"That`s something I don`t get in acting. Even in a play, you don`t get that, because there`s always that `fourth wall.` In music, it`s very direct with the audience, and very immediate. I love it."

But not so much that he`d switch careers.

"I don`t think so. For one thing, the music business, I`m not really fond of. I love acting, I love doing movies. I`ve done pretty well at it. It`s a great day job."

Quaid has no illusions about how his new project might be perceived.

"I understand that people will say, `Oh, here`s another actor with a band.` "

The skeptics are free to scoff. Quaid is free to get up and make noise.

"I think the more you are willing to show of yourself, your real self, the more people can relate to that," he says. "That`s the same way it is for me in acting, really; even though I`m hiding behind a character, it`s still me.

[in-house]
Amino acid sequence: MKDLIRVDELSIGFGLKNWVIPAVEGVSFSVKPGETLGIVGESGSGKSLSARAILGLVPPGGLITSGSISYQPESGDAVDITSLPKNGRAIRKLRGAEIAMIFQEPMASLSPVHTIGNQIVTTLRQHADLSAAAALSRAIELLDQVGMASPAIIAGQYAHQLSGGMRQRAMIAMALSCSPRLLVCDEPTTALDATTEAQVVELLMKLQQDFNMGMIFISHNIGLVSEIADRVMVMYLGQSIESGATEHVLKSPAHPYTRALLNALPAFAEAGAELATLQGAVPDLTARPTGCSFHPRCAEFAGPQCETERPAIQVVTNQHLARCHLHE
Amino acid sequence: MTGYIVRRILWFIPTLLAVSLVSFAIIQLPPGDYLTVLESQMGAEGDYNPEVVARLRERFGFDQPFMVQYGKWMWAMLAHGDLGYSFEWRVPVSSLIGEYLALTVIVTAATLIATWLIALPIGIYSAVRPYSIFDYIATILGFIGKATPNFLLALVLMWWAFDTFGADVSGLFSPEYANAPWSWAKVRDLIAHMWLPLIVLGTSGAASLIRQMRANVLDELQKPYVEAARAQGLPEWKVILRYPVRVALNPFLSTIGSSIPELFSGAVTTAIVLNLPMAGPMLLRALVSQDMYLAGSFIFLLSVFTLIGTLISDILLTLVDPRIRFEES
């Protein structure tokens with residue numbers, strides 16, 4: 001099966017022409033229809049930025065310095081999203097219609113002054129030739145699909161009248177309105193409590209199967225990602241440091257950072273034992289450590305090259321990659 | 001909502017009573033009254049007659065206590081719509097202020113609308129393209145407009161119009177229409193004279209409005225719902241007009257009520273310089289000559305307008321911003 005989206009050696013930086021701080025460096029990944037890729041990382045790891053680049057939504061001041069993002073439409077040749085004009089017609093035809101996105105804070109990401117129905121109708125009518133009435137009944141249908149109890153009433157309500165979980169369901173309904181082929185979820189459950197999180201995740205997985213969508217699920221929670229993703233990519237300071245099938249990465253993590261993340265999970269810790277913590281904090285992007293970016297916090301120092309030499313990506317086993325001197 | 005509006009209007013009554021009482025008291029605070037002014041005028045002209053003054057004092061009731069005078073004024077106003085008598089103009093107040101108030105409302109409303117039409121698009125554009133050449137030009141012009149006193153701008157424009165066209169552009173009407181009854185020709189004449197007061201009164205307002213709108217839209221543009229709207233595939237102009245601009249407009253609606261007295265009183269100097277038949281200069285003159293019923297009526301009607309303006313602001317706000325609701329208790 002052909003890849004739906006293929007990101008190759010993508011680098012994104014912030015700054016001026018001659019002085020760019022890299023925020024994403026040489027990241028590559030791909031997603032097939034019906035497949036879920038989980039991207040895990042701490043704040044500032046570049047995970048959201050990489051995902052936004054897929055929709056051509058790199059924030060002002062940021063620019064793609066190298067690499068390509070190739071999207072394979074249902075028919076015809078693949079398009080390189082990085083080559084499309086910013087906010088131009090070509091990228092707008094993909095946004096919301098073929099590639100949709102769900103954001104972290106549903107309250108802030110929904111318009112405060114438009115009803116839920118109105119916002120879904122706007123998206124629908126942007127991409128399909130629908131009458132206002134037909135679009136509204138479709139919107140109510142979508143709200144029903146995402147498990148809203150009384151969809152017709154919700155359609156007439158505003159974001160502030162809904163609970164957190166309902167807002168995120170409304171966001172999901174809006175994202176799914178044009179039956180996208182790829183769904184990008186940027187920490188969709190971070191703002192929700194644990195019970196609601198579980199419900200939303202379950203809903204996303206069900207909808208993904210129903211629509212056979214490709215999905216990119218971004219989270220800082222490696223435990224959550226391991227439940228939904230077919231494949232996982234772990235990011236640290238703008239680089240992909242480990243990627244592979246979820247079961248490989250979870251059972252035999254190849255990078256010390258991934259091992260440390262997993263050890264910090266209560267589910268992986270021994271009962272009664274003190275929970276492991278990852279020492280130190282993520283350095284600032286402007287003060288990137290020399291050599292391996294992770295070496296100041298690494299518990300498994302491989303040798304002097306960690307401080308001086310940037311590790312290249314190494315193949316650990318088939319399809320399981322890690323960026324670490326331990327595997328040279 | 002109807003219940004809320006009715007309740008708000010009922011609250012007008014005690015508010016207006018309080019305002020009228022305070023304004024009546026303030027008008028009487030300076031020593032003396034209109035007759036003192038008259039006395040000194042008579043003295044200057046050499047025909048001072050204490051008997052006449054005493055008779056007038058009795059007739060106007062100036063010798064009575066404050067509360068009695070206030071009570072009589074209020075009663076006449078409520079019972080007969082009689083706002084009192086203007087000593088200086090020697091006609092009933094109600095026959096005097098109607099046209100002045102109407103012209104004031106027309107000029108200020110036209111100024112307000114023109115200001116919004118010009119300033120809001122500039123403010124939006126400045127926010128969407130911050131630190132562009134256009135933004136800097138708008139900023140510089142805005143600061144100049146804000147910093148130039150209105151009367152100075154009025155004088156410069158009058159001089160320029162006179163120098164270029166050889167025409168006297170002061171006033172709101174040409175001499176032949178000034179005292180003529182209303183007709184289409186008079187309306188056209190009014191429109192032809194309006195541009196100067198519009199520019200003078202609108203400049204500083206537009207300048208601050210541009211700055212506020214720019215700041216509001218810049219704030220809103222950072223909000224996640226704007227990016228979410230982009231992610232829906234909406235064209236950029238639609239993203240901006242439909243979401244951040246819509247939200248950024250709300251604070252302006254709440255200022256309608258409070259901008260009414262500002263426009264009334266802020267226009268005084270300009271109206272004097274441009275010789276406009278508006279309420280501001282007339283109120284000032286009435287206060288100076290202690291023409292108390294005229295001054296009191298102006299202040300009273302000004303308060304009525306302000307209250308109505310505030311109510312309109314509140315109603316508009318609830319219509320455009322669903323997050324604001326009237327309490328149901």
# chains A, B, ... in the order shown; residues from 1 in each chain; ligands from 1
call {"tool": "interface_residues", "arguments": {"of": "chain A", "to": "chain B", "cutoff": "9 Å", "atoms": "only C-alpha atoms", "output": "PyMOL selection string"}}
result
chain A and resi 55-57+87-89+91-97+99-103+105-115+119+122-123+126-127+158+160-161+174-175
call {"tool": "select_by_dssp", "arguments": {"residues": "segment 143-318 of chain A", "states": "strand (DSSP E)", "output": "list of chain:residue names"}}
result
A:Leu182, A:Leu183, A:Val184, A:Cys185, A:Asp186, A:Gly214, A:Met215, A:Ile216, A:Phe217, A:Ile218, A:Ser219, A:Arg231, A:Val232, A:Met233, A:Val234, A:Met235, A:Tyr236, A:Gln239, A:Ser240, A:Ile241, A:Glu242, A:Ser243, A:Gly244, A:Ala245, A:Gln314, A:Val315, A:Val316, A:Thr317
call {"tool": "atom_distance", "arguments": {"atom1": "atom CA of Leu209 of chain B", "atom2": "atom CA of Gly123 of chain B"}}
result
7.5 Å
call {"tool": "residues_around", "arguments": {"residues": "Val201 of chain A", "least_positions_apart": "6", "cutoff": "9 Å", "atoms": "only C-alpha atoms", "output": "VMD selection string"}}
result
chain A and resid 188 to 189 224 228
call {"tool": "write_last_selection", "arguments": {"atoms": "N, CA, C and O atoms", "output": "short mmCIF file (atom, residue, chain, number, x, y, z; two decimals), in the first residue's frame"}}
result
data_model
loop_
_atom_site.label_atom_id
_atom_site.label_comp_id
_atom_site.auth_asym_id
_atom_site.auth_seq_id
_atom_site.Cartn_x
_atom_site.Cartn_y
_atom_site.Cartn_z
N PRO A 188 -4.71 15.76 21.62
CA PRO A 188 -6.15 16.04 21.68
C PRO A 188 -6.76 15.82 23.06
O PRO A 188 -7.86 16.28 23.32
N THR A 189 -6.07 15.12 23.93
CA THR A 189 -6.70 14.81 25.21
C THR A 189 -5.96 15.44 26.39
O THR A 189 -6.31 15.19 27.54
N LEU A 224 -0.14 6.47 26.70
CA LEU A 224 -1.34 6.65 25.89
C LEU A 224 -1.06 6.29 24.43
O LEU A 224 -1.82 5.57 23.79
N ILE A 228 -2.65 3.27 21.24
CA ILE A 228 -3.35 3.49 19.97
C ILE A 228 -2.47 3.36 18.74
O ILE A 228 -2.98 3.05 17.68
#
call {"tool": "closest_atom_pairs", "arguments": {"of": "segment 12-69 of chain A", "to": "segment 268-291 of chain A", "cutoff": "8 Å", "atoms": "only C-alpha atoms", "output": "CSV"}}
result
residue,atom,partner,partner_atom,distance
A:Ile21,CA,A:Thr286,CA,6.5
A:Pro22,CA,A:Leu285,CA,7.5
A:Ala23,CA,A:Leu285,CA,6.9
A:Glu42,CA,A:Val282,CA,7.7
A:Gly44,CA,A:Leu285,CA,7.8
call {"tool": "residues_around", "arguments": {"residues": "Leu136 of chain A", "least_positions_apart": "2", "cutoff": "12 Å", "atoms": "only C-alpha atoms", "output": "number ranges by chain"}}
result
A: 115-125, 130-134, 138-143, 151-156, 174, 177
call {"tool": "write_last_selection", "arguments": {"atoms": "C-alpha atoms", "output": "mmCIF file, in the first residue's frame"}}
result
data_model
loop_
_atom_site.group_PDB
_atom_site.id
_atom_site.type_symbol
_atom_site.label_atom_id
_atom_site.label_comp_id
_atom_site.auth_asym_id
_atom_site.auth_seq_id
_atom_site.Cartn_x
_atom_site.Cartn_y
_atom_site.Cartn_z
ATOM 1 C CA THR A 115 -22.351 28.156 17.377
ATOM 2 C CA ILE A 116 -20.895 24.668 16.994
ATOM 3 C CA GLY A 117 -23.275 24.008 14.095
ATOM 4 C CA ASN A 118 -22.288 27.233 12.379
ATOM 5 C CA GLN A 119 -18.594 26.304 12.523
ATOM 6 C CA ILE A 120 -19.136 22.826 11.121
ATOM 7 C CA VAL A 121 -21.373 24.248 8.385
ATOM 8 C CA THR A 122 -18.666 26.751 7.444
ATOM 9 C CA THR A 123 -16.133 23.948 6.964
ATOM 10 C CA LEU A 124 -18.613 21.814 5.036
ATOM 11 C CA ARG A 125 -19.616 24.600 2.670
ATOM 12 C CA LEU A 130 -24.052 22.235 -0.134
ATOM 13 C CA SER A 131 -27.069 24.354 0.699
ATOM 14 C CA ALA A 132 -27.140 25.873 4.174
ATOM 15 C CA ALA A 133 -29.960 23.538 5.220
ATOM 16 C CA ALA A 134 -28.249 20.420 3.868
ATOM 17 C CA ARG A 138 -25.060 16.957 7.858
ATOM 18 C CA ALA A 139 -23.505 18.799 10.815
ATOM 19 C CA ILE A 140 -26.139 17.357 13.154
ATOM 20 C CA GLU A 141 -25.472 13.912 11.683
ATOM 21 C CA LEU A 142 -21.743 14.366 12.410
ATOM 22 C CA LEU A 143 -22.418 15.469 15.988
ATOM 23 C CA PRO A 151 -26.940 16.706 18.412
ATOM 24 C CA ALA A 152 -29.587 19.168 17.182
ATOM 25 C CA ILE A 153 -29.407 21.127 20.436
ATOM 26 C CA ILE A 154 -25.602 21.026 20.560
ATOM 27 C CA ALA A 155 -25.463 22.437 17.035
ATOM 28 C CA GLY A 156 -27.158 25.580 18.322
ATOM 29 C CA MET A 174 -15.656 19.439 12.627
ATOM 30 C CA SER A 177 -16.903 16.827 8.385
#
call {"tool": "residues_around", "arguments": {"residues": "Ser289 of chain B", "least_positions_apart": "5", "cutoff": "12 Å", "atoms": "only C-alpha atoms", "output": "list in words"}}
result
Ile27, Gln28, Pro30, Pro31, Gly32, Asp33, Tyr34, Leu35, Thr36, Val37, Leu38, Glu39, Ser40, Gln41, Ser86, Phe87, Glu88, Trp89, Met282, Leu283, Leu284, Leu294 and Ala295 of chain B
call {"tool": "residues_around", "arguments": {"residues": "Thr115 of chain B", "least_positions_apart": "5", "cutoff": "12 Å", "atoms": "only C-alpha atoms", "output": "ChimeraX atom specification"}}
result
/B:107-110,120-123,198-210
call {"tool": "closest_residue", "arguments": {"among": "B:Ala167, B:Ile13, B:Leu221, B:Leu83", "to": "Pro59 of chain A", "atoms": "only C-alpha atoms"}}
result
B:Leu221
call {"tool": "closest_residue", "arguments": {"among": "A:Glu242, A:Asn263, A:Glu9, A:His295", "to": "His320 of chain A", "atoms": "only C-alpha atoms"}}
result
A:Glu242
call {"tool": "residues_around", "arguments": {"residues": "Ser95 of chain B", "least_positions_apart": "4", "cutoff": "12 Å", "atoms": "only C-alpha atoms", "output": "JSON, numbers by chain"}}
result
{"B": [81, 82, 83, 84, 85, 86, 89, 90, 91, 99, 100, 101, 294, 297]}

"At the bottom of it, though, I think it comes from a sense of joy. That`s what I want it to come from."

Dennis Quaid is just the latest movie star to dabble in stage work - concert stage work, that is. Here are a few other prominent actors with rock `n` roll on their resumes:


James Brown may have a lock on that hardest-working-man-in-showbiz thing, but Keanu Reeves has to be the hardest-working actor in the music biz. The bass-playing "Matrix" star`s band, Dogstar, has been performing and recording regularly for about 10 years.

In a 1994 concert review , the San Diego Union-Tribune observed: "Dogstar is not a particularly talented ensemble. They slaughtered The Jam`s `The Modern World.` The original Reeves-penned tunes ranged from simplistic - I don`t want to go to camp / The other kids don`t understand / That`s not the way to be a man - to ridiculous."